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Resa stretched, anguine like, as the Librarian guided her from the Neuroscaphe. “There were some fluctuations in the Labyrinth today, Bertrand. ”
“One of your compatriot Thinkers achieved something unexpected.”
She waited but the Librarian offered no more. “Bertrand, you’ll have to learn to give more information if you want to talk to me.”
The Librarian’s eyes remained dark.
“Bertrand? ” She slowly moved her hand in front of his face. He didn’t track it. Instead he kept his dark, silent eyes on hers. “What’s wrong, Bertrand?
“A Librarian died.”
“Oh, Bertrand, I’m so sorry. Was it someone I know?”
“No, a brother another named ‘Roland’.”
“Still, I’m sorry. Was it a painful death?”
But she had already turned away and her clothes insulated her from the heat of his words.
They continued through the BookShelves. Resa’s skirt swung methodically as she walked, her long, pale legs taking small steps so as not to tax the little Librarian. “I’d like to go outside today, Bertrand. Would it be possible to see the sun today?”
“The sun can not be seen near the purification plants.”
“Oh. The clouds. Of course. Can we go further out then?”
An hour later they walked in the dark towards the terminus of a forgotten service tunnel. Small things scurried underfoot and Resa heard water dripping along the way. The Librarian held her hand and guided her in the dark. “Bertrand, could you give me some light? Only for a little while. I don’t want you to hurt yourself. I want to see where I am.”
The Librarian’s eyes grew hot, passing from dull red into orange, the heat he generated searing the flesh around his eyes. She felt him screaming, “If I had a mother she would have called me ‘Sonny’.”
The light from his eyes faded and he shook.
“Thank you, Bertrand. That was very kind. ” She wrapped some of her skirt around the shaking librarian.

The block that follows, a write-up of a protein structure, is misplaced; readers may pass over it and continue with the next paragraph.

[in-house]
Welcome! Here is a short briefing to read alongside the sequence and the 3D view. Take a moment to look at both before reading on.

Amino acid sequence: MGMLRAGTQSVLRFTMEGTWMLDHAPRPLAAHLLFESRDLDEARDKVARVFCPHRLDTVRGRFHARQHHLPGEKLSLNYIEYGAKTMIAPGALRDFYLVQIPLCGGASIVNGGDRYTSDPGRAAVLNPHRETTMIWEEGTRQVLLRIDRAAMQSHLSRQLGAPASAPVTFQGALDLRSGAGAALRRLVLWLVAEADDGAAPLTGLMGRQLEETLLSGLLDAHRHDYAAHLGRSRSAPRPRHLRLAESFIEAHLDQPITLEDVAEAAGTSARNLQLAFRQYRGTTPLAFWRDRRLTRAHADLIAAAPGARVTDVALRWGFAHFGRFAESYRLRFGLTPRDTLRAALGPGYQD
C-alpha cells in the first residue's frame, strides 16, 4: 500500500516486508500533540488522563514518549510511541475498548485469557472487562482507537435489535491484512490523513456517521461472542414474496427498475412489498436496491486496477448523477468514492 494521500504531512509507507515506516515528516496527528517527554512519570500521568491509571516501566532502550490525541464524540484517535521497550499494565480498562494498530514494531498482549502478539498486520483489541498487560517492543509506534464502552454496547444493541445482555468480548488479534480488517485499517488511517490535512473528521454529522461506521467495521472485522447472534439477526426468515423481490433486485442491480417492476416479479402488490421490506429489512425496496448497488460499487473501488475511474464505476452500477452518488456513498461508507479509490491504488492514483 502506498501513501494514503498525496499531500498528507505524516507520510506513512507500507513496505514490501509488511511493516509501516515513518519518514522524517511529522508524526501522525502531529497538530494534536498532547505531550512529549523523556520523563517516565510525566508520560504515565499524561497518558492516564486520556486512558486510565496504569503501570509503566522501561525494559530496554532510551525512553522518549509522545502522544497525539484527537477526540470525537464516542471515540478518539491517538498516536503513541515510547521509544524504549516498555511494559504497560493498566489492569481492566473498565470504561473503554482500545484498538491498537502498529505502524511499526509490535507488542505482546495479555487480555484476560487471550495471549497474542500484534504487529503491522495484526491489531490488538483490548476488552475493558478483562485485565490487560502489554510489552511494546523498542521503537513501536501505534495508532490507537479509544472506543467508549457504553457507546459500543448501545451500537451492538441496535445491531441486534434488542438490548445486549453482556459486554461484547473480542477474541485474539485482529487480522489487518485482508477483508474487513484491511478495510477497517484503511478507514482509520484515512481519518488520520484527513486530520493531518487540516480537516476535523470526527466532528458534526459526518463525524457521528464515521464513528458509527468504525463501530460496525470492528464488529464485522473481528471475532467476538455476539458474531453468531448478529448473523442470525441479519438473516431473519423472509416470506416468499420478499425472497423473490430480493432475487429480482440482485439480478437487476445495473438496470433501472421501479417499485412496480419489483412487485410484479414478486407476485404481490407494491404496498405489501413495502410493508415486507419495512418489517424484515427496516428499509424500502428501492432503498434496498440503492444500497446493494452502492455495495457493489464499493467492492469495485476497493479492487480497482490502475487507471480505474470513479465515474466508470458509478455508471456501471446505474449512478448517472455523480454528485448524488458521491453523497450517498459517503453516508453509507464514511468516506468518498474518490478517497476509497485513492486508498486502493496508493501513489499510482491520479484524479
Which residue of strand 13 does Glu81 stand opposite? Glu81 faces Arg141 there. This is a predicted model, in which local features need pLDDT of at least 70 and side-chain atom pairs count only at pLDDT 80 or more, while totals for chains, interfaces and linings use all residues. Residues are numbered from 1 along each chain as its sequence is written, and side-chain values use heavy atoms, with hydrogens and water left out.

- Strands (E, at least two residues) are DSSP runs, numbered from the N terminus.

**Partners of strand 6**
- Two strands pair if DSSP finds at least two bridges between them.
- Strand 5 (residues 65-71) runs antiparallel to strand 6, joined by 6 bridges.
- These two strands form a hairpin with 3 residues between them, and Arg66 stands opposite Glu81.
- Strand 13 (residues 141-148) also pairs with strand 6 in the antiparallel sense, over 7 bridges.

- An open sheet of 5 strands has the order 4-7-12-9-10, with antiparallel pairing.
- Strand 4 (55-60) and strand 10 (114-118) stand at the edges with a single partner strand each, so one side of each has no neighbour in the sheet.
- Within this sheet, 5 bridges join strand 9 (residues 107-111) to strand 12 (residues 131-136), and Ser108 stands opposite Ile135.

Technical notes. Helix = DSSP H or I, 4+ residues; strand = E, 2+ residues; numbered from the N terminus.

His eyes glowed again and she kissed his forehead between them. “No, no, no. Silence. Silence now. Don’t speak. Just listen.”
She held the Librarian close and rested his head against her chest, its eyes running with plasma as they blistered and healed themselves. Slowly it put its arms around her neck and allowed itself to hang there. She rocked back and forth as if comforting a tired child. “There are thousands of creatures down here in this tunnel, Bertrand. Far more numerous and varied than any on the surface, I think. But they live in the dark. Perhaps they’ve lived in the dark for so long they’ve grown accustomed to it. I don’t know. But I do know they’ve grown to fear the light.
“Now think, Bertrand, although I know you’ll say thinking is not the basis of your kind, but think with me for a moment anyway.
“You, who were not designed to think, spoke a joke that gave light in this darkness. Some creatures feared it and ran away. Others were curious and came close. Those that came close, you’ve given wisdom to. Those who ran away ran back to superstitions they already had.”
He lifted his eyes to her face and whispered softly, “A wise thought.”
She pulled his head back down to her chest and rubbed the muscular neck. “Yes. I think so. It’s from the man I named you after, Bertrand Russell: ‘Fear is the main source of superstition, and one of the main sources of cruelty. To conquer fear is the beginning of wisdom.’ Now be quiet. Give yourself time to heal.”
She wasn’t sure how long they stayed thus, only that she’d nodded off and was woken by something making its way up her arm. She caught it in her hand and felt its softly furred surface. Tiny scampering feet forced their way through her hand until a tiny, big-eared head poked free. A long, murine tail curled around her fingers. “Cheep.”
“M. Souris? Mr. Mouse? Is that you?”
The big-eared head burrowed into her palm and she felt its nose and whiskers sniffle for crumbs in the hollows of her hand.
“Would you like a crust of bread? A bit of cracker?”
She opened the hand that held the mouse and quickly clapped it to her other. She felt the mouse crack and crunch between them as it shrieked its final “cheep”.
“Eat that, little thing. No one touches Resa Valjean unless she lets them.”
The Librarian breathed deeply, as if waking, and her voice grew soft again. “Oh, my, Bertrand. How long have we been away? You won’t get in any trouble, will you?”
“No. ” He paused, his eyes silent for a moment, then a dull glow, a whisper, “Resa, how do you repair?”
“Repair? I’m not sure what you mean.”
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